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1. Could the Baltimore Ravens actually take the Pittsburgh Steelers lightly? On the surface, that would appear to be a potential danger for the Ravens (11-3) heading into today’s game against the Steelers (7-7) at Heinz Field following a 27-0 blowout victory last month in Baltimore. However, the Steelers are the Ravens’ archrival and have gone 5-1 in their past six games with their lone loss coming at M&T Bank Stadium. The Steelers absolutely abused the Carolina Panthers last week, dominating the game in every facet. Now, they are playing their style of football, throwing less, emphasizing a physical, downhill running attack and tightening up on defense.
Over the past three games, the Steelers have allowed just 13 points while the Ravens have allowed 50 over their past five contests. The Steelers are a long shot for the playoffs, and Baltimore has already clinched a playoff berth and the AFC North title. They have a legitimate chance at securing a first-round bye, but have to keep winning to keep that hope alive. Expect an intense game with a lot of exercise for punters Sam Koch and Chris Gardocki.
2. Can the Ravens duplicate what they did last time to Ben Roethlisberger? It’s unlikely that Roethlisberger will be sacked nine times again or knocked down on 20 occasions, but the Ravens can generate pressure on him. The Steelers aren’t throwing the football as regularly now. He has thrown just one interception over the past three games, but has 20 picks for the year. The Ravens blitz a lot, bringing extra pressure from the secondary and delay blitzes to confuse the Steelers’ offensive line. They are likely to go after rookie right tackle Willie Colon, who makes his first start against Trevor Pryce. They need to get a pass rush against him with cornerback Samari Rolle not 100 percent with a stinger. The depth behind him is shaky as backup Evan Oglesby was beaten twice for touchdowns last week in relief.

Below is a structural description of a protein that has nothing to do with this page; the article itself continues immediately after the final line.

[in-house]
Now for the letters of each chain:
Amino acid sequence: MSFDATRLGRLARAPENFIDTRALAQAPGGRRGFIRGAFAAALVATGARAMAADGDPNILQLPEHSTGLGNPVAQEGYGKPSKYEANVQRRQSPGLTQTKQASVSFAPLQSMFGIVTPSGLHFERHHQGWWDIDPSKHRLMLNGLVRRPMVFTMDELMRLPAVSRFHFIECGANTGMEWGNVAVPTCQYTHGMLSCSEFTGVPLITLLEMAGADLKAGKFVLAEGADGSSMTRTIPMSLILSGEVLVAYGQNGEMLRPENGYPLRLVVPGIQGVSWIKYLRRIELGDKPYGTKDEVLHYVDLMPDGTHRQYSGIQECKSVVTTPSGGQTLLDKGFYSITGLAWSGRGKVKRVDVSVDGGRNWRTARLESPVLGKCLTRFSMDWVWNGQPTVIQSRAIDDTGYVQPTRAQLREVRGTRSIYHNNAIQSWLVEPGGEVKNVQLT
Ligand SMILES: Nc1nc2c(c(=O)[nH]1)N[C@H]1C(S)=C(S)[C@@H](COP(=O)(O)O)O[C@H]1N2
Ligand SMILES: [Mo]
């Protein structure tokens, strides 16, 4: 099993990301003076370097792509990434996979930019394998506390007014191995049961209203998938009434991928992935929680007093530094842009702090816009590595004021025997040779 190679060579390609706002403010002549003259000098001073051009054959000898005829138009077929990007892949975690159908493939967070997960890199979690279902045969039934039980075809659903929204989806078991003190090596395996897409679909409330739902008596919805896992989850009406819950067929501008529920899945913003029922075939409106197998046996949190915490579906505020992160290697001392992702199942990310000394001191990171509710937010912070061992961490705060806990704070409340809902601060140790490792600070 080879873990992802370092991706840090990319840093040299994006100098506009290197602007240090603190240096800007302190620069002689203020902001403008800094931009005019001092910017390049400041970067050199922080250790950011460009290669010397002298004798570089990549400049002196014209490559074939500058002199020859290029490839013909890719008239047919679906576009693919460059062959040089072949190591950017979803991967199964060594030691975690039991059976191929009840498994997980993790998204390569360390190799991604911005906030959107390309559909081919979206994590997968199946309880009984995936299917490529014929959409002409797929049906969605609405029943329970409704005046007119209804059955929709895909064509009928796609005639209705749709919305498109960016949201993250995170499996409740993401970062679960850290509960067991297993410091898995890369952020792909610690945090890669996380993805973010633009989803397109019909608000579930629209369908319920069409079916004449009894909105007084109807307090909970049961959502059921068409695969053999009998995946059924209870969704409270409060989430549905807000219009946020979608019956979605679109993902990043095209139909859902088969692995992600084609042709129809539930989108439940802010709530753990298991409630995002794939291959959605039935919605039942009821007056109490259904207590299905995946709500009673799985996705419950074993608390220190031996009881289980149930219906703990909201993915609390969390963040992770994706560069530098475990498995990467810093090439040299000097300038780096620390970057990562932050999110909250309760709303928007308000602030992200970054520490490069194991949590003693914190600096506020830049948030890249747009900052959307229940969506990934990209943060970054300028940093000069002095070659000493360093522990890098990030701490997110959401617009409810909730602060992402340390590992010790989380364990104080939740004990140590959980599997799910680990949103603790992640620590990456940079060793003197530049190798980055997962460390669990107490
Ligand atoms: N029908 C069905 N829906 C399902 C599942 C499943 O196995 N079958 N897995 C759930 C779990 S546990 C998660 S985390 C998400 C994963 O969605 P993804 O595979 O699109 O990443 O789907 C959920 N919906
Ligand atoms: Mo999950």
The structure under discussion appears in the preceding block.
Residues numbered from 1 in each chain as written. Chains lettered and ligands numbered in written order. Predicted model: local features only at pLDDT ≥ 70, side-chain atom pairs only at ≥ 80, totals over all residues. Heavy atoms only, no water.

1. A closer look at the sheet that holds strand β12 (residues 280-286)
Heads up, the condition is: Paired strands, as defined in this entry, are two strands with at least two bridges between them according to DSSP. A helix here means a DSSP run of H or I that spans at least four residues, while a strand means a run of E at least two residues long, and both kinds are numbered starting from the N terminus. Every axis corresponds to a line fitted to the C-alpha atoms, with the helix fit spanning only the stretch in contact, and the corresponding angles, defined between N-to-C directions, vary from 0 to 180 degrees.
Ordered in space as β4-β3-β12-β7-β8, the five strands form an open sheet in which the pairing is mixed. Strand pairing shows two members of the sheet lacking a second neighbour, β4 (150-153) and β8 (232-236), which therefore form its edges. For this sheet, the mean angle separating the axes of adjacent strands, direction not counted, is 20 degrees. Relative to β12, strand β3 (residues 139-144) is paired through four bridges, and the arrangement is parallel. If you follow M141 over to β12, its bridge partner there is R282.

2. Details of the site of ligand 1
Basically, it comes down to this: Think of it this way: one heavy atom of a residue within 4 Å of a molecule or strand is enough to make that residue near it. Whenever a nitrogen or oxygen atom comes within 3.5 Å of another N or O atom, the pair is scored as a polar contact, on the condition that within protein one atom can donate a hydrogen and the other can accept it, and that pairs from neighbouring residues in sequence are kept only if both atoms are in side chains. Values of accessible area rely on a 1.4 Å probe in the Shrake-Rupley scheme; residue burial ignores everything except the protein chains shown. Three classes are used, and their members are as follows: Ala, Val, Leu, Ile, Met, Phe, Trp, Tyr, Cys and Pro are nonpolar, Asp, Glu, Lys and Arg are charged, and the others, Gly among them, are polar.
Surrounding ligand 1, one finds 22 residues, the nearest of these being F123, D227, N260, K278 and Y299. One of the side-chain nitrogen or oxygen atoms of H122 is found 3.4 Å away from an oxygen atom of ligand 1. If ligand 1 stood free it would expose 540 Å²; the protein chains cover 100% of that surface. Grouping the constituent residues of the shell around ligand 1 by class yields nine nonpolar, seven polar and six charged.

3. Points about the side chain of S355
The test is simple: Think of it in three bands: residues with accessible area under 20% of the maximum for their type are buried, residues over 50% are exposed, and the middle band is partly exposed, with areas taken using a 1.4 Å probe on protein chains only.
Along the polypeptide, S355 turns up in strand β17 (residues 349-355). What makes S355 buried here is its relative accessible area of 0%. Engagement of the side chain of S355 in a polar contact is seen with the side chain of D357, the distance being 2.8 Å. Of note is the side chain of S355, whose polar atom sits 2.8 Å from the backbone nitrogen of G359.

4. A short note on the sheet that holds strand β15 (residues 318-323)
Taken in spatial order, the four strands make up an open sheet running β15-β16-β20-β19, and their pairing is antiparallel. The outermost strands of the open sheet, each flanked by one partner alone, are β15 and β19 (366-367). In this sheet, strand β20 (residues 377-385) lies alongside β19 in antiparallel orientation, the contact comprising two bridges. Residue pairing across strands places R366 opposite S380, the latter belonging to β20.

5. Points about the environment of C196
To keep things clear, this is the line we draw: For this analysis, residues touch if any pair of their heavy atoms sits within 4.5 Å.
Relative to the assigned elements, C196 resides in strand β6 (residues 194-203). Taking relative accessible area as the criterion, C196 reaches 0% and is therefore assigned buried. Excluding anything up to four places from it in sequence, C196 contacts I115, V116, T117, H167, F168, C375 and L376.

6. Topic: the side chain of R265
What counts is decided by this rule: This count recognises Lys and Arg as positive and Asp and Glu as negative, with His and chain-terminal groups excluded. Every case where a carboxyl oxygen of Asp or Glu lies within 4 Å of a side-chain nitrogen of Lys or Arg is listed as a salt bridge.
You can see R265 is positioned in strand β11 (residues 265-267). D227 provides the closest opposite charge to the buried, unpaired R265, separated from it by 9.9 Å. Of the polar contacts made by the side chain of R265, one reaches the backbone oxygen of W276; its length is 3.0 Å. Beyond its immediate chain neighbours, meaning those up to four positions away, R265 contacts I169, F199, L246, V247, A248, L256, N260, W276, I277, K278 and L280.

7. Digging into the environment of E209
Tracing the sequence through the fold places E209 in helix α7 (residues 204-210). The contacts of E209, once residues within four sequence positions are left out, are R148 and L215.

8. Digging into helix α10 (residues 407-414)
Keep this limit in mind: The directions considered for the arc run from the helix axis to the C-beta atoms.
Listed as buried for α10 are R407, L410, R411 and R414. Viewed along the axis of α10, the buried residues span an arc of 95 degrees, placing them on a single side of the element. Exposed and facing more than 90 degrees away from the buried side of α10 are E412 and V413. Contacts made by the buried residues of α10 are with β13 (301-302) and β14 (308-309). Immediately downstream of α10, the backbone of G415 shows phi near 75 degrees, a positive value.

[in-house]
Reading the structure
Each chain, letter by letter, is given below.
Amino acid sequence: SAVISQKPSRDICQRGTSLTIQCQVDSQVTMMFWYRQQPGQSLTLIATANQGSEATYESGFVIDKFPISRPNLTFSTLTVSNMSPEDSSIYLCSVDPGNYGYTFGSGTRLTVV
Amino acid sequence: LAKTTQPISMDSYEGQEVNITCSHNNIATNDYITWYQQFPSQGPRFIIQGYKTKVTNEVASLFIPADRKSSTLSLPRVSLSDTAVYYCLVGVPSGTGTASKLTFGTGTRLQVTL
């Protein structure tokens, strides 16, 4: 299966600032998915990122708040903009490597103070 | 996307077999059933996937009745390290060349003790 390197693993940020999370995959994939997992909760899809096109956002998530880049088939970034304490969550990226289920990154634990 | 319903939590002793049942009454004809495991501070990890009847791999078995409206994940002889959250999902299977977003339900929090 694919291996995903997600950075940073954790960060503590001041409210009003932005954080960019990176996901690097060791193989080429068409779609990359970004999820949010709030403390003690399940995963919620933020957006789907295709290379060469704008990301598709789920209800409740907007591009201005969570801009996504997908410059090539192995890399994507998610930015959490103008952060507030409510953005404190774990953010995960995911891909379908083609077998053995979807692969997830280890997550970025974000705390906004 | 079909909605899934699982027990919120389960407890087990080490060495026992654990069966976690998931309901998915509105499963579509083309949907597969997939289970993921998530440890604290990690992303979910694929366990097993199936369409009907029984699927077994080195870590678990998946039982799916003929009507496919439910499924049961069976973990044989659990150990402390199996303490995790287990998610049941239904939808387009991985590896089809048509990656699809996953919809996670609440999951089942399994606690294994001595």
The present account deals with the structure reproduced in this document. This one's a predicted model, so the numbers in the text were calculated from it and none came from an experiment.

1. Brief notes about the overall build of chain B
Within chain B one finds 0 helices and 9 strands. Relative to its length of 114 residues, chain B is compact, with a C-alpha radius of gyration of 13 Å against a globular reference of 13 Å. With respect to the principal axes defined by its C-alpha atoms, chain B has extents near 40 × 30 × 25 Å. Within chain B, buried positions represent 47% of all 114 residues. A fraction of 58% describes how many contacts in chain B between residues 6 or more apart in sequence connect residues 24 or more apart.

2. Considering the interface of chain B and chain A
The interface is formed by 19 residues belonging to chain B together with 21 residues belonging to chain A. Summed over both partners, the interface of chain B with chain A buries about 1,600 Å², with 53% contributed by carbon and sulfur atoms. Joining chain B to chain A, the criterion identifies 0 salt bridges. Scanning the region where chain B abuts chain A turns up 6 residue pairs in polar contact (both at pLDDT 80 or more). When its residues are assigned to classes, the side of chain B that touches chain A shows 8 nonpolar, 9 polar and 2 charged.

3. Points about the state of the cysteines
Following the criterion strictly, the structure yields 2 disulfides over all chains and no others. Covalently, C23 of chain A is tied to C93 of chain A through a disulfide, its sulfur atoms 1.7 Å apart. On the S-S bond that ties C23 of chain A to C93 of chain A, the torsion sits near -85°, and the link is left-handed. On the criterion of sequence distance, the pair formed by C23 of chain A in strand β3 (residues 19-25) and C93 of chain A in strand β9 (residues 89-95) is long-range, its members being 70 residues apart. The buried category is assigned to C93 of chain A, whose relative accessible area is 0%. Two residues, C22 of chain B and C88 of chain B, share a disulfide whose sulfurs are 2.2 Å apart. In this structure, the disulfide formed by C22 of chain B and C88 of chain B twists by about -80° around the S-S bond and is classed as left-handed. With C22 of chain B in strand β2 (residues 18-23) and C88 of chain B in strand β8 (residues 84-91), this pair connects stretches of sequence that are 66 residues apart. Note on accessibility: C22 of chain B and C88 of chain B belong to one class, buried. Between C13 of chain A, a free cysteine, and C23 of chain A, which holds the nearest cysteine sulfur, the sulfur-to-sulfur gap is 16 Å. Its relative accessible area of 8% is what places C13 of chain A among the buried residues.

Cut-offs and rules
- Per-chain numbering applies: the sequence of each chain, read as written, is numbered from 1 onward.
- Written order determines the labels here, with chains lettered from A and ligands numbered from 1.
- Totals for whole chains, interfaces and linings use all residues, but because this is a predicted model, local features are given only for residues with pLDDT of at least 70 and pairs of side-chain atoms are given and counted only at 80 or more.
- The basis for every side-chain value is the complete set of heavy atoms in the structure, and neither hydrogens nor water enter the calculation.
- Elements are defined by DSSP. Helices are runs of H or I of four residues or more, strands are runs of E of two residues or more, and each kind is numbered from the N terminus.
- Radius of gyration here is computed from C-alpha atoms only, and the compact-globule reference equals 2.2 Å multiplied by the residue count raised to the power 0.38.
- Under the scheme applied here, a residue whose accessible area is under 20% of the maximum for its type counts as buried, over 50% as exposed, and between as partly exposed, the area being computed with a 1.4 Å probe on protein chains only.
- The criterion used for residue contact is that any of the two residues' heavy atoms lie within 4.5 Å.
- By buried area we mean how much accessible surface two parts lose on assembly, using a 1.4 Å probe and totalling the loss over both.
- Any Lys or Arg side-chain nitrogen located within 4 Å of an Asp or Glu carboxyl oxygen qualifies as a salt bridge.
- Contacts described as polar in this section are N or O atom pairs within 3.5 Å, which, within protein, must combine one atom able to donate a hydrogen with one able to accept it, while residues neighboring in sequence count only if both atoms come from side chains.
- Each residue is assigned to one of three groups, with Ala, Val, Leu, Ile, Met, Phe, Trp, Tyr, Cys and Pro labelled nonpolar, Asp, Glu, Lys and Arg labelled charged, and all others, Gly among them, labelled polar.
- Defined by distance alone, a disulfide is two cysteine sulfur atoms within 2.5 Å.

3. Can Jamal Lewis take over this game? Lewis rushed for 109 yards last week against the Browns’ subpar defense and has scored six touchdowns in the past five games. However, he still isn’t attacking the line of scrimmage like he used to. That kind of hesitancy could hurt the Ravens’ cause. The Steelers only allowed 43 rushing yards last week against Carolina and this front seven has been very stout. Fullback Ovie Mughelli needs to have a big game as a lead blocker.
4. Can the Ravens exploit Pittsburgh deep? Although All-Pro safety Troy Polamalu is back this week and Steve McNair is suffering from a hand injury, the Ravens could go deep against rookie safety Anthony Smith, who’s likely to replace injured Ryan Clark. The Ravens will likely stick with a ball-control approach with a few selective shots downfield.
5. Can the Ravens contain Fast Willie Parker? Last month, Pittsburgh managed just 21 rushing yards in Baltimore. The Ravens allowed only 68 rushing yards against Cleveland. Parker ripped off 132 rushing yards against Carolina, including an impressive 41-yard touchdown. However, little of his excellence against other teams seems to ever translate against the Ravens’ top-ranked defense, which allows just 79.4 rushing yards per game.
WHO HAS THE EDGE?
Total (19) Rushing (22) Passing (12)
Steve McNair might not be 100 percent at throwing the football, or taking snaps from center one week removed from having his throwing hand punctured by Cleveland Browns middle linebacker Andra Davis. Streaky backup Kyle Boller will need to stay ready on the sidelines.
This is Jamal Lewis’ type of football game: in the cold against a physical defense. With McNair still hurting and the Ravens likely going to a more conservative game plan, Lewis needs to deliver and move the chains.
There are only three teams in the NFL that have a trio of receivers with 55 receptions apiece, and Baltimore is one of them along with Detroit and St. Louis as tight end Todd Heap (64) and receivers Derrick Mason (61) and Mark Clayton (58) have all had strong seasons.